Win McNamee/Reuters

The latest effort to amend America’s health care laws may be dead, but the small-government philosophy animating it is very much alive. Senators Graham and Cassidy chose to pursue their health-care reform plan through a block grant, a policy that takes a big chunk of federal money—in this case, Medicaid spending—and hands it over to the states to let them run new programs. Block grants have been created for a number of smaller policies, but the biggest example to date remains the program created under the 1996 bipartisan welfare reform program, called Temporary Assistance for Needy Families. To understand how that effort worked out, I tracked down two policymakers who were intimately involved in the creation of TANF in 1996.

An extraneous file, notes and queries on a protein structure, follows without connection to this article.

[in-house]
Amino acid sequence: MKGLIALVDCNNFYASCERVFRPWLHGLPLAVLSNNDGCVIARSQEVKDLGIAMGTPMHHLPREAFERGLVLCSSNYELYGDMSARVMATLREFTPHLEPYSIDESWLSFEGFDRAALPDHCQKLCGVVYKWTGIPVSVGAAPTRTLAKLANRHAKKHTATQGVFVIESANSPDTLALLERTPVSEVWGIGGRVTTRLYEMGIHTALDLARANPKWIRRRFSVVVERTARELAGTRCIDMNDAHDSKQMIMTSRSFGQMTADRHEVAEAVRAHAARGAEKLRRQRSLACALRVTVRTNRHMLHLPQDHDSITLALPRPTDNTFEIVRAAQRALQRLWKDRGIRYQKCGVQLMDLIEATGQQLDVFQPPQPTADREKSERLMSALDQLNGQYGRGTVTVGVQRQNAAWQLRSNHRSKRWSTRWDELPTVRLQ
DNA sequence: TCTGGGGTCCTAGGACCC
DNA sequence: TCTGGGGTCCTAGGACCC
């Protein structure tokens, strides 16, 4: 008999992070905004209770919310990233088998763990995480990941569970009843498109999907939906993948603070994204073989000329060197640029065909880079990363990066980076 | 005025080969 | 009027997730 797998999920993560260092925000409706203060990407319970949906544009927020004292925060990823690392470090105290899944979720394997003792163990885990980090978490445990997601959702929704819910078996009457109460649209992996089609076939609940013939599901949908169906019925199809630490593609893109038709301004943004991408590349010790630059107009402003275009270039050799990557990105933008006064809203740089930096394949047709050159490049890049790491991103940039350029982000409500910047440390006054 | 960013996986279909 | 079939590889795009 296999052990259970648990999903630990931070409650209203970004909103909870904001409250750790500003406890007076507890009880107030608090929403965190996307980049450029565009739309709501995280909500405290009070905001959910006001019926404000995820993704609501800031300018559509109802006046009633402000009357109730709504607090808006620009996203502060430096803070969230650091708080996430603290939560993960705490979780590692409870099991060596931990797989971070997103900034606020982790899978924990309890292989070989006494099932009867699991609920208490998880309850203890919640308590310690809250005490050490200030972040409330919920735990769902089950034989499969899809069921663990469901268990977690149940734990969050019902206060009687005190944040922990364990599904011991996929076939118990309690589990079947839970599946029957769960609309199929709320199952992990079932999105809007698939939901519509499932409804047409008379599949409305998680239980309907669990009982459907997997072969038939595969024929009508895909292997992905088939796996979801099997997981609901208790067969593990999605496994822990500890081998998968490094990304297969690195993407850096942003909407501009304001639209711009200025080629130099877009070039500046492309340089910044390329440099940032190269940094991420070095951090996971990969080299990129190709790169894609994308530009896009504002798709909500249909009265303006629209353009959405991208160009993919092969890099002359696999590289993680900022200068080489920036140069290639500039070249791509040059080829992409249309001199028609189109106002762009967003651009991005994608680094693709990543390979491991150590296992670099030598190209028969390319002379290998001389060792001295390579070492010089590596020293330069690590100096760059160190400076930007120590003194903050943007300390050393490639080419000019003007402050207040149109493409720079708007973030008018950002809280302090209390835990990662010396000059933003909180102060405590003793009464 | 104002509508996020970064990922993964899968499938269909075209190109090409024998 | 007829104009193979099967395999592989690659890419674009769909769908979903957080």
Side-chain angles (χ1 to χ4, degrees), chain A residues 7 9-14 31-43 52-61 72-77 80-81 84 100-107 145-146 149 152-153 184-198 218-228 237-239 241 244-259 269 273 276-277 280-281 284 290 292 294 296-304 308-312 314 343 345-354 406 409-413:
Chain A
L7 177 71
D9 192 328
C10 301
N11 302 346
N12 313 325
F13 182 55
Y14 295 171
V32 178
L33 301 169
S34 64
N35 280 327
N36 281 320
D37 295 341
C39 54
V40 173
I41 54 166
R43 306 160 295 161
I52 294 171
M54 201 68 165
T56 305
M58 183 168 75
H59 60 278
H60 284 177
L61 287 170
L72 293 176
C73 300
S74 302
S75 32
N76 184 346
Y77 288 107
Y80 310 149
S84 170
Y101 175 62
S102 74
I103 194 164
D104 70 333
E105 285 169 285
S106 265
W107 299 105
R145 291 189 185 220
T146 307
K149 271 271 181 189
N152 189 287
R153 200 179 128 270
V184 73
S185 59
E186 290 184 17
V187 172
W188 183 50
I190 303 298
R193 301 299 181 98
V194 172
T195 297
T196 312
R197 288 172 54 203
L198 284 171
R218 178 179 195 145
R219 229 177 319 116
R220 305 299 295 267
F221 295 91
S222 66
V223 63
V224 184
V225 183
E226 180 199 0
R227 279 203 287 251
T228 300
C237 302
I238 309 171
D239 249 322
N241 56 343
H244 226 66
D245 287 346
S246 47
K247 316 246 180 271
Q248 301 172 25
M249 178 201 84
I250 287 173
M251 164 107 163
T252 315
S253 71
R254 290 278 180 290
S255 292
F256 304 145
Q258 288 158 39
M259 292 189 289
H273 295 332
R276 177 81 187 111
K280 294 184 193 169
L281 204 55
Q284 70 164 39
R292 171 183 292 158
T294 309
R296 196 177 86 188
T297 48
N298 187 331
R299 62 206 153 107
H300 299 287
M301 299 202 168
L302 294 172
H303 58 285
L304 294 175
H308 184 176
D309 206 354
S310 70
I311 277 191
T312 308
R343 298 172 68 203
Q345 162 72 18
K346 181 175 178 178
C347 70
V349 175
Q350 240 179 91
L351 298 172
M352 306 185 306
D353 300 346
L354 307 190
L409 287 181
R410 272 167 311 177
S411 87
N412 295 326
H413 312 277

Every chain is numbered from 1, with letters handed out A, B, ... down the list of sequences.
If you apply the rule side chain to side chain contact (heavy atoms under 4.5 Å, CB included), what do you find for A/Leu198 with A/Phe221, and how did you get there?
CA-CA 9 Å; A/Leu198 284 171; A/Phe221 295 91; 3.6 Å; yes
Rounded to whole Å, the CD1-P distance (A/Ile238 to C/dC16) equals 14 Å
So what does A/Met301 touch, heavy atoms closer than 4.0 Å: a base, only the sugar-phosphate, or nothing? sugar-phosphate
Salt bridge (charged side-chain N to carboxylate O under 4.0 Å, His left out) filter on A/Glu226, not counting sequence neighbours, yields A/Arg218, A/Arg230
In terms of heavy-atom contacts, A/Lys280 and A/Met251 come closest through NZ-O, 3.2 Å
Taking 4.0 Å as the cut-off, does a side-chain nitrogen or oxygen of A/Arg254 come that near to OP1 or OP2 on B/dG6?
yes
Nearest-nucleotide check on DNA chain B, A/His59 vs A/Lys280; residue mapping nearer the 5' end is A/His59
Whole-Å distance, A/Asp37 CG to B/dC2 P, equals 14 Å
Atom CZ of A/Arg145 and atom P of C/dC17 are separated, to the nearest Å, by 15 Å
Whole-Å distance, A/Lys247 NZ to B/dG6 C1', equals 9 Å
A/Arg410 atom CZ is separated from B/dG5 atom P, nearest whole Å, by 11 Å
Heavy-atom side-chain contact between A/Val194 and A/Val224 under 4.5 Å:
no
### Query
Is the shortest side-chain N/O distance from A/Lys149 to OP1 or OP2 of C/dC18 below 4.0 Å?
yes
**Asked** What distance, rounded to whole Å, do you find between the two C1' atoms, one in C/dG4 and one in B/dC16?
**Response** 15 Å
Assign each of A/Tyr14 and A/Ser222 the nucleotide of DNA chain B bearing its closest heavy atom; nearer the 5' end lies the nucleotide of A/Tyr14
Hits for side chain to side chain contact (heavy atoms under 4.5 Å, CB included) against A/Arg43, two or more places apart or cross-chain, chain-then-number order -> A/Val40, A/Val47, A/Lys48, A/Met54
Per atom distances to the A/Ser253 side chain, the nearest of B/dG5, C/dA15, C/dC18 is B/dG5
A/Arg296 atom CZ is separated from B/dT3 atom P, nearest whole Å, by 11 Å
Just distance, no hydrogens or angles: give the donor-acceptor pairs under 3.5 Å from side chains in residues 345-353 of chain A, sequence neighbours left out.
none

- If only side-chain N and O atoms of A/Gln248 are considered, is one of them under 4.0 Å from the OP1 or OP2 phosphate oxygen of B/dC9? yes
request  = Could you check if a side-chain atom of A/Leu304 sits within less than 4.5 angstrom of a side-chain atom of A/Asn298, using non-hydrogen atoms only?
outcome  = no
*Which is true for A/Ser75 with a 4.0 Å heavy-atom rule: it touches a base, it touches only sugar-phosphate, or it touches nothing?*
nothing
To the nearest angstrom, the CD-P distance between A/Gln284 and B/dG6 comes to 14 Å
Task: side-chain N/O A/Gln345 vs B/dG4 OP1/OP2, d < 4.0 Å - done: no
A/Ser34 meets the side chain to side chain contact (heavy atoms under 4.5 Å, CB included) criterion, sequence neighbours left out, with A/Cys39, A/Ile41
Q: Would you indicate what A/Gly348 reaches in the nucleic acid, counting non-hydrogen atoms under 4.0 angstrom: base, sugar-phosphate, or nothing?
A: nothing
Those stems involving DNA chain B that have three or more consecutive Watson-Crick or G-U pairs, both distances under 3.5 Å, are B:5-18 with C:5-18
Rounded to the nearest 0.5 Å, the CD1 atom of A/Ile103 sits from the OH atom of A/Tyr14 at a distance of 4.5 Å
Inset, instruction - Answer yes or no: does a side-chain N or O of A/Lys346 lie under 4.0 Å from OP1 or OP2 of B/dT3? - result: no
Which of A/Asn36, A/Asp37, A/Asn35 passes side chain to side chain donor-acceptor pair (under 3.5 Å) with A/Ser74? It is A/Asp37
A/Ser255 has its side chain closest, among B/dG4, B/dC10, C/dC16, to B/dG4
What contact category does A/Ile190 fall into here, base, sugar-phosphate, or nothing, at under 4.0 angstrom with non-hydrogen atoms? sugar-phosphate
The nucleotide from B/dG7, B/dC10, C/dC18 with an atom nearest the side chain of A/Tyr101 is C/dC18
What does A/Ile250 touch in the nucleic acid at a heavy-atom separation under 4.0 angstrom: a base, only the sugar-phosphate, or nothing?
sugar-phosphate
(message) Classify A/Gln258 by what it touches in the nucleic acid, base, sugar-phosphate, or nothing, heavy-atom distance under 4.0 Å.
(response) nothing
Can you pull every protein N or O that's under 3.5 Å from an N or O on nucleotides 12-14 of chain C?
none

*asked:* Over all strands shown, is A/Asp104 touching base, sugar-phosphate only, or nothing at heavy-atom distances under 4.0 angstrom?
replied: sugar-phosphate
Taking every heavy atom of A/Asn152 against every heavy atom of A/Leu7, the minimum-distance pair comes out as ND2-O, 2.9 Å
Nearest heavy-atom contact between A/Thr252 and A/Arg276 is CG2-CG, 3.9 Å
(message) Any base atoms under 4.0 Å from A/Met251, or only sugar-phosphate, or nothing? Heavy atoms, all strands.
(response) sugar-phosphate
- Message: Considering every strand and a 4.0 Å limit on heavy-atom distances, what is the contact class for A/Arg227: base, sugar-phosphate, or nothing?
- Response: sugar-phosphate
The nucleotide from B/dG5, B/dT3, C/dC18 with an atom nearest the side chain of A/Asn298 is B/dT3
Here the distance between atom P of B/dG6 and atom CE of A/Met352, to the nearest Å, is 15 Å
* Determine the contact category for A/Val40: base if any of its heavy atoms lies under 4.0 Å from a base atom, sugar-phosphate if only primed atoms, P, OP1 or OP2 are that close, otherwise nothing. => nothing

To access this story, become a member

Sign up for our brand-new membership program, The Masthead, and you’ll not only receive exclusive content you can’t find anywhere else—you’ll also help fund a sustainable future for journalism.

Find Out More

We want to hear what you think about this article. Submit a letter to the editor or write to letters@theatlantic.com.